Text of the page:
T.O. versus Team Oriented
They celebrate together. The Seahawks' wide receivers call it the Jump and Bump. It's just their version of a move many teams now use to...
Seattle Times staff columnist
They celebrate together. The Seahawks' wide receivers call it the Jump and Bump. It's just their version of a move many teams now use to express delight.
Run, leap, turn sideways and tap shoulders with a teammate. Consider it a twist on the chest bump.
"I guess it's a new-millennium high-five," Nate Burleson said. "You've got to run and get enough momentum to jump and finish with a shoulder bump. We can be 30 yards away, give a look or a point and know we're going up top."
These receivers do it at least once per quarter. And it's not just a one-on-one routine, either. Often, all five of them get in on it. They're so T.O.
Spend a moment in appreciation before the hurricane hits. On Saturday, the Terrell Owens Cowboys (at least in No. 81's mind) visit for either a playoff game or a temper tantrum. It depends on how much pigskin Tony Romo feeds to the NFL's all-time leading narcissist.
Since counting cornerbacks takes so little time around here, count some blessings. Using Owens as contrast helps illuminate how wonderfully the Seahawks handled a receiver glut this season.
When Seattle traded a first-round pick to New England for Deion Branch, then sprinkled a $37 million contract on top, the dissension police went on patrol. This couldn't work, some thought. The Seahawks already had two quality starters in Darrell Jackson and Bobby Engram. They had just signed Burleson. They possessed a talented No. 4 option in D.J. Hackett. Why be greedy and risk bickering?
Though it was a reasonable concern, the players laughed. This was a character check.
"I wasn't offended," Burleson said of thoughts these receivers couldn't coexist. "It's a legit question when you're talking about pro athletes, dollar signs, playing time and statistics. Sometimes, pride and ego get in the way. But I knew the quality of people we have.
"I knew there wouldn't be any hating. You can see it's true by how the other guys react after somebody makes a big play."
Jump and Bump.
Branch laughed when asked about the celebration. The receivers do their thing, but they also like for the peppy Branch to dance alone. They make him, Branch says, which has led to some comical moments. Like when Branch scored against Oakland and broke out a little boogie called "The Motorcycle," in which you pretend you're fiddling with handlebars on a bike. He didn't exactly look like Yung Joc, the rapper who helped popularize the dance.
"Why does everybody else just get to bump and I've got to dance, too?" Branch asked, laughing.
Not all receiving units are created equal. For every Owens, there is a Branch, a big-name acquisition who understands the concept of blending in.
The Seahawks were able to live with five talented wideouts because the team genuinely welcomed Branch. Then Branch responded by being as professional and hard-working as advertised. It allowed Jackson, the most gifted of the receiving corps, not to feel threatened.
When it came time to use all the players, several factors helped them coexist. Most important, Jackson stood out, which stabilized the group and helped define roles. Before a toe injury, Jackson was on pace for his finest season since catching 87 passes in 2004.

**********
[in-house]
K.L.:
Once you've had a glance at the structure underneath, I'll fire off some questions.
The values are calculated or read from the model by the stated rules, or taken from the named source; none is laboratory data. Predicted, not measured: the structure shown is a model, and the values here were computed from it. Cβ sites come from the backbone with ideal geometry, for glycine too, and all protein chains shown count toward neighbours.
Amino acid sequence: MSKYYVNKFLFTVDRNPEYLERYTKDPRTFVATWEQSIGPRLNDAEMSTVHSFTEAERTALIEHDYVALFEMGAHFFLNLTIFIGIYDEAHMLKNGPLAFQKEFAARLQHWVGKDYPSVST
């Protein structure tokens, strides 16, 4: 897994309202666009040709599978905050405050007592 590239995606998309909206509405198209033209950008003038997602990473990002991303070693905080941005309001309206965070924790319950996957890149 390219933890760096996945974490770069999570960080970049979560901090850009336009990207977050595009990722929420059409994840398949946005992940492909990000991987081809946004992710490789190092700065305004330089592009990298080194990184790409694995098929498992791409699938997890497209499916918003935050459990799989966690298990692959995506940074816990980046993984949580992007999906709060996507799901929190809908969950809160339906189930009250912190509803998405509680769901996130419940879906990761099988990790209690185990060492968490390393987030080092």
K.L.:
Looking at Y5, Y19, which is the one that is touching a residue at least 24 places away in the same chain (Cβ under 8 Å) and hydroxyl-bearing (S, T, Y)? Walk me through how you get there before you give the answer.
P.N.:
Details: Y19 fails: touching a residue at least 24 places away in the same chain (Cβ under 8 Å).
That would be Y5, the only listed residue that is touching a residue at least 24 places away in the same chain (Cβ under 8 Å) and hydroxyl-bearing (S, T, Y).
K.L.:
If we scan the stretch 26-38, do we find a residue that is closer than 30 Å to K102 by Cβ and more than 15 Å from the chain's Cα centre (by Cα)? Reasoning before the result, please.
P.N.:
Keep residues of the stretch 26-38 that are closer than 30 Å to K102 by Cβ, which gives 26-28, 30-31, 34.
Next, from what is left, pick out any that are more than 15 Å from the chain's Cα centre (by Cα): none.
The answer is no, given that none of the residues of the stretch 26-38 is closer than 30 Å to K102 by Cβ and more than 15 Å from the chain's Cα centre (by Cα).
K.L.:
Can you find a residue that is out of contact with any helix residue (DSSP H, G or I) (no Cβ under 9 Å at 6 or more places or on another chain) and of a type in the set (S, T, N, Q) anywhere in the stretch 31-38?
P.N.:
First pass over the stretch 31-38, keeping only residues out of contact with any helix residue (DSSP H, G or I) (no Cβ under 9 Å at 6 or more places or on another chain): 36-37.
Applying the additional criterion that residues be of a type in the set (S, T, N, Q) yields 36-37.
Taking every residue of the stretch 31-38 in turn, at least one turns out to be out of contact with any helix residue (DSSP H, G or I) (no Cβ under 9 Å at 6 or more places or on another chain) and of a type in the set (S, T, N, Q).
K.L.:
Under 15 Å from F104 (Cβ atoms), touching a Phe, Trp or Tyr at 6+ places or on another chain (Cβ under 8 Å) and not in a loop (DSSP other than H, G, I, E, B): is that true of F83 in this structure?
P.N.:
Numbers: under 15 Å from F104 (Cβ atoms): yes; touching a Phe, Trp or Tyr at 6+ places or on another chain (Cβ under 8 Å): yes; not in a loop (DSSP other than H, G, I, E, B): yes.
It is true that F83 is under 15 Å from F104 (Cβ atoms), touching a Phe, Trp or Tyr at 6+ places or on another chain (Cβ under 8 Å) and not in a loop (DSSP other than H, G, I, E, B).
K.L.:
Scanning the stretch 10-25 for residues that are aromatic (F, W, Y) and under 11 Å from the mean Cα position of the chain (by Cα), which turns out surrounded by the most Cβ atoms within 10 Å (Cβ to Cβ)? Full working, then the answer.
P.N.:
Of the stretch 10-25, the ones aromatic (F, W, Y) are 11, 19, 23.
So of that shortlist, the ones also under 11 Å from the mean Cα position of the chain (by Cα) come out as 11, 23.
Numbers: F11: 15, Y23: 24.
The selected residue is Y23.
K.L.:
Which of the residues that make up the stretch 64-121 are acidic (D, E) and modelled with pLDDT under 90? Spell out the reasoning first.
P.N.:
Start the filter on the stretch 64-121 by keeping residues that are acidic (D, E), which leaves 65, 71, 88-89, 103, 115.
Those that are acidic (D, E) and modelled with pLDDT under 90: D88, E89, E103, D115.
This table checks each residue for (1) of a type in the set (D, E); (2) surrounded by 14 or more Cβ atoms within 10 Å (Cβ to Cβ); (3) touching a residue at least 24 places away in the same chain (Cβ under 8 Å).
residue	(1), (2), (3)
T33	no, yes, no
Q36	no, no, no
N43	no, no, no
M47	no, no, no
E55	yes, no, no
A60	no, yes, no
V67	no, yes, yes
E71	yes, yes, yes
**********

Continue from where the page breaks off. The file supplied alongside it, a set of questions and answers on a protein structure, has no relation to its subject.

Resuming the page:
Engram's thyroid condition played a role, too. While the team suffered for nine games without the steadying presence of their most dependable receiver, the illness also paved the way for the emergence of Hackett, who currently stands at the Seahawks' best receiver. His improvement was even more vital because Burleson struggled early in the season.
So the Seahawks wound up needing so much depth at receiver. With Jackson (toe) and Hackett (hip flexor) listed as questionable for Saturday, they must again lean on depth.
"That is still a strength on our team," coach Mike Holmgren said of his receivers.
Because of their own injuries and offensive-line woes and quarterback Matt Hasselbeck's knee problem, this was not an amazing year for the receivers. The five players accounted for 203 catches, 2,773 yards and 21 touchdowns.
But measure their impact against the Cowboys' group. Dallas ranked fifth in the NFL in passing yards this season, while Seattle lagged behind in 19th place. But the production from the Seahawks' receiving quintet looks good when measured against the production of the Cowboys' receivers (196 catches, 2,818 yards and 23 touchdowns).
The Cowboys use the classic approach. They have two 1,000-yard receivers — Owens and Terry Glenn — and fill in the blanks with Patrick Crayton and Sam Hurd.
But Owens' ego caused so many headaches you must wonder whether the Seahawks have a better situation. What the Seahawks lack in dynamo they make up for in dependability.
And they've so enjoyed sharing custody of their success. Offensive lineman Tom Ashworth gazed across the locker room to make that point.
"Look at them; they're a lot of fun," Ashworth said, staring at Branch and Burleson chuckling. "They're always having a great time together."
Jerry Brewer: 206-464-2277 or firstname.lastname@example.org
|Spreading the wealth|
|Production among Seattle's five wide receivers is spread much more evenly than in Dallas, where Terrell Owens and Terry Glenn account for 79 percent of Cowboys wide receiver's catches and receiving yards and 83 percent of their touchdowns:|
About Jerry Brewer
Jerry Brewer offers a unique perspective on the world of sports.
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